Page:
• Smart Agriculture: Food production can be increased through smart agricultural initiatives like the use of sensors to predict the right level of water and fertilizer to apply to different parts of the farm [6].

Livestock management can be enhanced through the use of connected sensors monitoring the welfare of the animals. Robots can be employed to harvest and perform farming operations. Farmers and Buyers can be connected through Artificial Intelligent System, thereby reducing food wastage. Weather conditions can also be predicted for agricultural processes using Big Data [5].

Figure 1.6: Smart Home (Radware, [25])
  • Smart Home: Homes can be made smarter through smart energy and other smart homes applications, for example, one can programme a refrigerator to order groceries online when exhausted, see Fig. 1.6 above. Smart energy can help in reducing the energy consumption within the home.
  • Future of Work: Labour force need not be restricted to a geographic location through smart educational initiatives and internet of skills.
  • Fintech: Mobile money and other electronic bank transactions would make bank transactions faster which would make life easier.
  • E-commerce: Consumers are able to purchase products and services from any geographic location as we are already witnessing.
  • Education: Robots can serve as educational Instructors and has huge implications for developing countries where there is a shortage of such professionals [5].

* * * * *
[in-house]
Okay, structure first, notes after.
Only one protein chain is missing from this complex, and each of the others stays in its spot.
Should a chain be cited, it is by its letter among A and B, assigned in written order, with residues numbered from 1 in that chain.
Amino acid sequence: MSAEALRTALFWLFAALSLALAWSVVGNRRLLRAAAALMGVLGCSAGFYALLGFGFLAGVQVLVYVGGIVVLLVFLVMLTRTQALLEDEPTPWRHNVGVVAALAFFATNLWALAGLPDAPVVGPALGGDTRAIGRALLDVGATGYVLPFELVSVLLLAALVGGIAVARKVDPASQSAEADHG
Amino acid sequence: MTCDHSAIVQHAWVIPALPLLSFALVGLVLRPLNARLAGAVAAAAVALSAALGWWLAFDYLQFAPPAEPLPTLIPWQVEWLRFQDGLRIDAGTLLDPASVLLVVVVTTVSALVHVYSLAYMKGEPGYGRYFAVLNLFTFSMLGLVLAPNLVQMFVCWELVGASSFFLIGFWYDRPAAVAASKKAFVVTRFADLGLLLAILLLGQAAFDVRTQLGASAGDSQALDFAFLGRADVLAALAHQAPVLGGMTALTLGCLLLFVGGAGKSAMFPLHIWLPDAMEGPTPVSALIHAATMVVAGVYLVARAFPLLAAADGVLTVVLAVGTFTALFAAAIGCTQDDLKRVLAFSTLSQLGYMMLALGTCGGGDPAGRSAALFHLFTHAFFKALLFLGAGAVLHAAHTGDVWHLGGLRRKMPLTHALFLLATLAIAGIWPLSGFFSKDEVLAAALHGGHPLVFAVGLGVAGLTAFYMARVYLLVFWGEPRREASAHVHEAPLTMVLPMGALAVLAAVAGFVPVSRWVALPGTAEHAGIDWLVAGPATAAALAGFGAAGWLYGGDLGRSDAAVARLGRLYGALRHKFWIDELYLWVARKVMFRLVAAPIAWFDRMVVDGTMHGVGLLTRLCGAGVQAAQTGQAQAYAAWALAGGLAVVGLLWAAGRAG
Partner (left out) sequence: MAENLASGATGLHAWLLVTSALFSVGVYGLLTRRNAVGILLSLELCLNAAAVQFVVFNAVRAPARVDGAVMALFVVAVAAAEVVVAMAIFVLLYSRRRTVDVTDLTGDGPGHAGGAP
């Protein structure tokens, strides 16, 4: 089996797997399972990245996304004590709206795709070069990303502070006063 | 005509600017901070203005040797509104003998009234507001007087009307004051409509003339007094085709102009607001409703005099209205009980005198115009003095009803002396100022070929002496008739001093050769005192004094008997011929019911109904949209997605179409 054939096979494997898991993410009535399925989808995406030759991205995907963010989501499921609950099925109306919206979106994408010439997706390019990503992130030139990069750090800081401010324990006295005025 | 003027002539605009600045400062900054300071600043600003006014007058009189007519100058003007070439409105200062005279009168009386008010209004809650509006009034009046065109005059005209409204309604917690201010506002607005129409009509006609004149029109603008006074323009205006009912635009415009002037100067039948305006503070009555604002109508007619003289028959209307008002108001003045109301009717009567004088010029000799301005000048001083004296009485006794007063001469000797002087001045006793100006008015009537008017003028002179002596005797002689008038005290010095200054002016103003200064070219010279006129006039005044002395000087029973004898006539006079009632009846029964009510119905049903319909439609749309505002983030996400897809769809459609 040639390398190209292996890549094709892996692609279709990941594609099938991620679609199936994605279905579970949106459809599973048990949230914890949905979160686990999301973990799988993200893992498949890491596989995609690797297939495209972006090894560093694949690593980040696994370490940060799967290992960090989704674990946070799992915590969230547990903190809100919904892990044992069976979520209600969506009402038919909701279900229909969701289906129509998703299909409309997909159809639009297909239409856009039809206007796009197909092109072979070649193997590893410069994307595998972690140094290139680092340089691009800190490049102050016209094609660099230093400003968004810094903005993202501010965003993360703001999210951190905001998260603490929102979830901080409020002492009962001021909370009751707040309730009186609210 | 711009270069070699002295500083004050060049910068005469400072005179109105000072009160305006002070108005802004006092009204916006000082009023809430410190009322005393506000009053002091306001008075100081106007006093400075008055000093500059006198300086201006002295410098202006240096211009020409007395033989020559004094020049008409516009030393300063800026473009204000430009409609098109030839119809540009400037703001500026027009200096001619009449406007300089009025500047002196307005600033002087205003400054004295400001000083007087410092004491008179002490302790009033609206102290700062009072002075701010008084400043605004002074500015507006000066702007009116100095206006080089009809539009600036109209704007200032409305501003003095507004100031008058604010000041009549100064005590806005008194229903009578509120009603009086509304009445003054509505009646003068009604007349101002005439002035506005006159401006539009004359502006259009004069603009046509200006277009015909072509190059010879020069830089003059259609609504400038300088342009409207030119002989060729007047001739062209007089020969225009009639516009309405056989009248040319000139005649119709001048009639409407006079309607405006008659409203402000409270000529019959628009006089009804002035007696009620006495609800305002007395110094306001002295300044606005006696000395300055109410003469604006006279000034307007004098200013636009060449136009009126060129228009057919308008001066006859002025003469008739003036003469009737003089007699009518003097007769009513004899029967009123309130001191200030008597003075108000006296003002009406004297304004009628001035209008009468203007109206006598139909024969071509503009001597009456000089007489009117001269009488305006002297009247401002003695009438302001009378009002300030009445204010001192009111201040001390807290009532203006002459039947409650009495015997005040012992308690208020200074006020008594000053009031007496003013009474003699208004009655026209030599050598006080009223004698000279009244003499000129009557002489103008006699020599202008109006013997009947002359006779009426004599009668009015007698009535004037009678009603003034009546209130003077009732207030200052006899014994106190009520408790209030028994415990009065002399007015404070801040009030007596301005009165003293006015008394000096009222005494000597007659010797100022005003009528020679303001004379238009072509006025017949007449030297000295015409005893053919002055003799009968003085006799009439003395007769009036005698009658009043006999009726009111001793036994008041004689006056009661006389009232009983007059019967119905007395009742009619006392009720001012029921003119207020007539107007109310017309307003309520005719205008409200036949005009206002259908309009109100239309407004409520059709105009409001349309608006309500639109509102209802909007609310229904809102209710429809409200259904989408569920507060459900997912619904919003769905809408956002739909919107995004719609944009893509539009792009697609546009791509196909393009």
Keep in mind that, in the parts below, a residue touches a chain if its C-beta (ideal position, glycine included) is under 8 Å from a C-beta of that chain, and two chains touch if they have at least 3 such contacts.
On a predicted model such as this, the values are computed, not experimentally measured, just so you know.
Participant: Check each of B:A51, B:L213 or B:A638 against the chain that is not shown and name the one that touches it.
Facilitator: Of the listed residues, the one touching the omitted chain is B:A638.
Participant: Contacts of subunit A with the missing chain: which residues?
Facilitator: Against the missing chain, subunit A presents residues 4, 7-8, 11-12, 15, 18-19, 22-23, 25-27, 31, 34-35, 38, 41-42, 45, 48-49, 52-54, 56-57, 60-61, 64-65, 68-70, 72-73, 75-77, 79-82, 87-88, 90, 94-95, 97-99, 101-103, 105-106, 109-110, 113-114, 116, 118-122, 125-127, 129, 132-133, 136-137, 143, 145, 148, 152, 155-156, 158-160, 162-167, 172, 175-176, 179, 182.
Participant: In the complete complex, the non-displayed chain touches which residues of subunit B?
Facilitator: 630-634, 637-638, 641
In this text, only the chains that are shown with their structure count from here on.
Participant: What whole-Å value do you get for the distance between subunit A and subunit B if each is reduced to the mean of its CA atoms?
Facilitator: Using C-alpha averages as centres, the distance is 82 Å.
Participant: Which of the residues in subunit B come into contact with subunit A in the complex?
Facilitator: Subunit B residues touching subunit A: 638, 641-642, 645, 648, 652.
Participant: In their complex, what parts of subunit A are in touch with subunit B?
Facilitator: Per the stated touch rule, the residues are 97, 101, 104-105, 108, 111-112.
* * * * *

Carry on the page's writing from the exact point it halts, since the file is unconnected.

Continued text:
1.3 Ethical Implication of 5G

It is very clear from the foregoing that 5G, alongside other emerging technologies, would lead to a disruption in all parts of the Society. For example, certain jobs will no longer be available as robots will replace humans. This will of course engage ethical questions like:

  1. Should robots have the same rights as humans?
  2. Should robots be taxed for every job they replace?
  3. If robots can think and have emotions, what would then make us human?
  4. How do we ensure that there are no security breaches in our digitally interconnected world?
  5. How do we ensure that data theft and privacy concerns are respected in the wake of fake news, terrorism, profiling of individuals?
  6. How do we protect the society from the use of autonomous weapons?
  7. Will these technologies widen or reduce the existing inequalities within the world?
  8. Will these technologies reduce or increase the gender bias or the digital divide within the world?

These and more questions need to be addressed so that the benefits of these technologies can be maximized whilst minimizing the risks [5].